Kennel cough is on the rise in part of B.C., and it may have ties to the COVID-19 pandemic
A B.C. vet says putting a mask on your pet isn't helpful to stopping the spread of COVID-19. (Shutterstock)
VANCOUVER -- Veterinarians in British Columbia say they've seen a "significant rise" in an infection known as kennel cough among dogs living in the Lower Mainland.
The Society of B.C. Veterinarians told CTV News Wednesday the increase in infectious trachetitis has been noted in the last month.
"While fortunately many of these cases have not been deadly, there have certainly been a number of cases that have progressed to pneumonia," the society said.
"These cases are more common in very young, senior and other immunocompromised patients."
Dogs with kennel cough often have a cough, as the name suggests. Owners may also notice their pets choking or throwing up, either from coughing violently or to expel sputum in their airways after coughing.
"The cough doesn't have to be associated with anything specific (such as eating or exercise) and can occur during any time of day. The cough usually has quite a distinct dry, hacking sound and is usually non-productive (apart from sputum) unless it has progressed to pneumonia," the SBCV said.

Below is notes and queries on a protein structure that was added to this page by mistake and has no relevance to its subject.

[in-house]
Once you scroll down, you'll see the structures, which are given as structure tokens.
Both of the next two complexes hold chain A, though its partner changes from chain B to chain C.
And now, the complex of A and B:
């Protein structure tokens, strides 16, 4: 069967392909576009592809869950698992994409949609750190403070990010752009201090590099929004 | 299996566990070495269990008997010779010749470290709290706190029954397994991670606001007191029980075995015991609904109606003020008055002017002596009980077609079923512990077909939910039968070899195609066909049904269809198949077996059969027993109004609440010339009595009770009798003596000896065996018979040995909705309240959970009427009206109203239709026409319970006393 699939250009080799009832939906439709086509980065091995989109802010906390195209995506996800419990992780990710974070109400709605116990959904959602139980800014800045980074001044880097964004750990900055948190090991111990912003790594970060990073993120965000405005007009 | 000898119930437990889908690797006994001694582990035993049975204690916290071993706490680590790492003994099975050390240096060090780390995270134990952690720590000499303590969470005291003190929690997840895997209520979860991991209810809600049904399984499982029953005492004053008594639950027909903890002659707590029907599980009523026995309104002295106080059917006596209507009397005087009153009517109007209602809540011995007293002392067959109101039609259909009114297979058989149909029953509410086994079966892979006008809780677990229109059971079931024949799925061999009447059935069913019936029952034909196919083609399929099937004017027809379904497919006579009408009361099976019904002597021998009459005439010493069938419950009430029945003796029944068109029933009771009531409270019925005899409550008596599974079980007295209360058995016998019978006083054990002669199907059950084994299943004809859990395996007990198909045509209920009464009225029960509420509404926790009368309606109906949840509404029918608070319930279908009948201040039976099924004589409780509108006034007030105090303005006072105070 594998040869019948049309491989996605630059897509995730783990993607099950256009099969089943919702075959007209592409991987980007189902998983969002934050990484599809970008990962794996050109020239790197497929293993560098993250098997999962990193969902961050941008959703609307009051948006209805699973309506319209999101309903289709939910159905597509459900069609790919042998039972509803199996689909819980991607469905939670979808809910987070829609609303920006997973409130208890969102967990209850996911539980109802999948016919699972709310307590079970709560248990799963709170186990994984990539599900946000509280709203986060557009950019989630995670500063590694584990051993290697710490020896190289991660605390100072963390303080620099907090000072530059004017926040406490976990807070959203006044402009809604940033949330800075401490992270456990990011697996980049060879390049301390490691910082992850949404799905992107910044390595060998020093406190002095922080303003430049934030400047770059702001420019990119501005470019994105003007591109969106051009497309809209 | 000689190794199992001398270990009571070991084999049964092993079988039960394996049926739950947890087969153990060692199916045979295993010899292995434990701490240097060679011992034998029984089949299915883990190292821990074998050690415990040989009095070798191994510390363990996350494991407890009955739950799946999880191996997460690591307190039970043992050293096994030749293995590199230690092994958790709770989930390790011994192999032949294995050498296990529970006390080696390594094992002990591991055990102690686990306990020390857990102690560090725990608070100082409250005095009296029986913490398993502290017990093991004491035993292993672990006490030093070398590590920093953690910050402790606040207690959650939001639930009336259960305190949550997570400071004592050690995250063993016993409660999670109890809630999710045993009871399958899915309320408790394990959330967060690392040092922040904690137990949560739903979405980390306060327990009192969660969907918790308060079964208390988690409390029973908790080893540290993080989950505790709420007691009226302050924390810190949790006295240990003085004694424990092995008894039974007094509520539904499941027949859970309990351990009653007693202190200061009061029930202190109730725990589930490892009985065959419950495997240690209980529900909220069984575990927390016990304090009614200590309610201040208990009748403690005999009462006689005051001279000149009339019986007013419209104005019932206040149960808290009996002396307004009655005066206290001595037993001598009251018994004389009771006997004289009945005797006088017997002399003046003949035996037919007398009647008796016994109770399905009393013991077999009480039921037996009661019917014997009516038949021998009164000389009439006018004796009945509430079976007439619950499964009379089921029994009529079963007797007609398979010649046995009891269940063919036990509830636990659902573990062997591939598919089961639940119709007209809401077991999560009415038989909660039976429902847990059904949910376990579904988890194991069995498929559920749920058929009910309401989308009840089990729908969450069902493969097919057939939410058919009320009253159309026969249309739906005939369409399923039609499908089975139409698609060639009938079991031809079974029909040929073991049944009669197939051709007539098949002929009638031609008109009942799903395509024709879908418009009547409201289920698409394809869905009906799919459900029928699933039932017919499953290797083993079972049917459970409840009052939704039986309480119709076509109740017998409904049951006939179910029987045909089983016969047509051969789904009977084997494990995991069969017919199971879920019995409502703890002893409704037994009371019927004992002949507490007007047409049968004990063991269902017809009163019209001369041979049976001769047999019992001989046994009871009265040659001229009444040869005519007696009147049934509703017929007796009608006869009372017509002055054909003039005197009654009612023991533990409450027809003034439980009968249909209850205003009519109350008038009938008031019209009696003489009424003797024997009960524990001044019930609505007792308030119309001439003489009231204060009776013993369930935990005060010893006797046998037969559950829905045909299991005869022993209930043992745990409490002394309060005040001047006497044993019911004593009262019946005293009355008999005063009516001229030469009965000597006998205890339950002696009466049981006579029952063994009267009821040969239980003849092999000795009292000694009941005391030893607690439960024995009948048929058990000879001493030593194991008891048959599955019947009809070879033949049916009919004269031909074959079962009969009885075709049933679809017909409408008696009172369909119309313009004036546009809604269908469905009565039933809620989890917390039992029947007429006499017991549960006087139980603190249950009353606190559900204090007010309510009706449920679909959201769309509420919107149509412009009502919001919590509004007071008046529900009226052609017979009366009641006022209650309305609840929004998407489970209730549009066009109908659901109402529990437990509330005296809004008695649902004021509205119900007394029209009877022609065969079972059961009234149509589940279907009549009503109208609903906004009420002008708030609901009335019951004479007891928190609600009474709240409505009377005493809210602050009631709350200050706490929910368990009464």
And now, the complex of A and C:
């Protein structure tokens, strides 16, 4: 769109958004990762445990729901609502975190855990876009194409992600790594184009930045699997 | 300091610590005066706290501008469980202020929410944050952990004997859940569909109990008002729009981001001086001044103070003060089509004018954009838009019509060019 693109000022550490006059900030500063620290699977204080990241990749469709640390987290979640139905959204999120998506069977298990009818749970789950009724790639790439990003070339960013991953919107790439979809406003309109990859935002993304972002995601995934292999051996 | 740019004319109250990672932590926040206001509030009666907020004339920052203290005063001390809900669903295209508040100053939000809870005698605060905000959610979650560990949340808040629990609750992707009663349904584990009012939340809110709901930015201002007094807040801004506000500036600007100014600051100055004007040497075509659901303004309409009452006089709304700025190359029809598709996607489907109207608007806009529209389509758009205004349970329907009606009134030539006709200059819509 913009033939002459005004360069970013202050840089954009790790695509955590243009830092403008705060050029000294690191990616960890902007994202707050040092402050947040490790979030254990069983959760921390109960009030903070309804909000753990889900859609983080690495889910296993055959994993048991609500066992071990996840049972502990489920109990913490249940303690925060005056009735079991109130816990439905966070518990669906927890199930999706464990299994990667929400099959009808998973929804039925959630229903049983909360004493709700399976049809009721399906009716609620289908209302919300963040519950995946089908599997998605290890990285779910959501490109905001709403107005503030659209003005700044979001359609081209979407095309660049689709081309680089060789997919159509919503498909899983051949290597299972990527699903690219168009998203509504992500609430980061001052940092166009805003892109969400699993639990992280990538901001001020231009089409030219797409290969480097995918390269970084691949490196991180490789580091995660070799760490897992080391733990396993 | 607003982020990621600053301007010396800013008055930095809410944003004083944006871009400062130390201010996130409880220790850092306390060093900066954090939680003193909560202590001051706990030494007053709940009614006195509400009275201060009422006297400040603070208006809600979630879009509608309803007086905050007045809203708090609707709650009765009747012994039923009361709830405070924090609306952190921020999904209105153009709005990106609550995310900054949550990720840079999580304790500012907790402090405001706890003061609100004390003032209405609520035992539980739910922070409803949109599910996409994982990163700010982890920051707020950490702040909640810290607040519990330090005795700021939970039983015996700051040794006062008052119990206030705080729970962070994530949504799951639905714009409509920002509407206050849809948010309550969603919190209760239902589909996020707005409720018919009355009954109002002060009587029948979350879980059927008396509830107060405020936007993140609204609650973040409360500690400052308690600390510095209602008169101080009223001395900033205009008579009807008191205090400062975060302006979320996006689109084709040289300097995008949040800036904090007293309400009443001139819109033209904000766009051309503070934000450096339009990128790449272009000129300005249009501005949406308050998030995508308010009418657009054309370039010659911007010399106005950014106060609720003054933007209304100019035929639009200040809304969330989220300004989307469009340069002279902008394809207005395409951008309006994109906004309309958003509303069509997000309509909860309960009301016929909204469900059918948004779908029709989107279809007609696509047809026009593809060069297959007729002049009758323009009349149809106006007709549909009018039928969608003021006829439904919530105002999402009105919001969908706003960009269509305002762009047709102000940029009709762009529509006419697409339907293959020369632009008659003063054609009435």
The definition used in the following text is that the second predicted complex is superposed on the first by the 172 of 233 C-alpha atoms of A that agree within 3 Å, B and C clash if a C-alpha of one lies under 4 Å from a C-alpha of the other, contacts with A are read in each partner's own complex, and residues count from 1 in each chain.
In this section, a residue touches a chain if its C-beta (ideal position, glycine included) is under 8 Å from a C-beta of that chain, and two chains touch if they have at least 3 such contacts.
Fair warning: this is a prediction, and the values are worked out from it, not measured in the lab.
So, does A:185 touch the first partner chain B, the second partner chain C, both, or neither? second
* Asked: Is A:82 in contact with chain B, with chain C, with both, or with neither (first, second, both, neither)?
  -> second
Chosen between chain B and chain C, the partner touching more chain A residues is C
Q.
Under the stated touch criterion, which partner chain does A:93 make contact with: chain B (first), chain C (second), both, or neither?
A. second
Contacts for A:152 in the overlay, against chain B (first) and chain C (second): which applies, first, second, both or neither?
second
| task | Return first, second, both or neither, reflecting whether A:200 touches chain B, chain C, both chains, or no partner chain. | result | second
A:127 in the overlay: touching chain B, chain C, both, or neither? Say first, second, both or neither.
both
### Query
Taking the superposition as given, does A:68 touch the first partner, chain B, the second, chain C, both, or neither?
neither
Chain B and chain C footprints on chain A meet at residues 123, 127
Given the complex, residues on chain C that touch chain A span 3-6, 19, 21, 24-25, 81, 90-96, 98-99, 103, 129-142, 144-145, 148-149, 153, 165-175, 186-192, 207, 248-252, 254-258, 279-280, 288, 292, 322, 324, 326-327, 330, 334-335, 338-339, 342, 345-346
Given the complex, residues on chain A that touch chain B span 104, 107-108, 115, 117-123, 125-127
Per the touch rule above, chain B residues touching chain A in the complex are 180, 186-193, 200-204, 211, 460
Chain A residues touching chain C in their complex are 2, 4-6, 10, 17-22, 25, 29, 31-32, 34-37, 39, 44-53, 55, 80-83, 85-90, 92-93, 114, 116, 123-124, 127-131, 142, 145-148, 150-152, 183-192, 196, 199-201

Veterinarians say they think there are a number of reasons why there's been an increase in reported cases.
Among those is that traditional vaccines tackle the three most common pathogenic organisms that cause kennel cough, but vets are now aware there are 25 such organisms that can cause it.
While most are not capable of causing the disease on their own in a healthy animal, the SBCV says vets have noticed an increase in mycoplasma causing the disease, which is not included in the vaccine.
The new strains are often brought in by dogs that have travelled – either with their owners to other parts of the world, or by the importation of rescue animals.
But another factor may be tied to the novel coronavirus.
The SCBV said a decrease in humans' social interactions can also impact their pets.
"Dogs are getting less low-level exposure on a day-to-day basis to stimulate their immune systems and create a solid herd immunity," the veterinarians said.
Additionally, there's been a surge in new puppies during the pandemic, they said.
Owners who suspect their dog may have kennel cough are asked to call their vet, then isolate the dog from others until they've been assessed.
Many cases get better with time, but dogs with pneumonia could require hospitalization.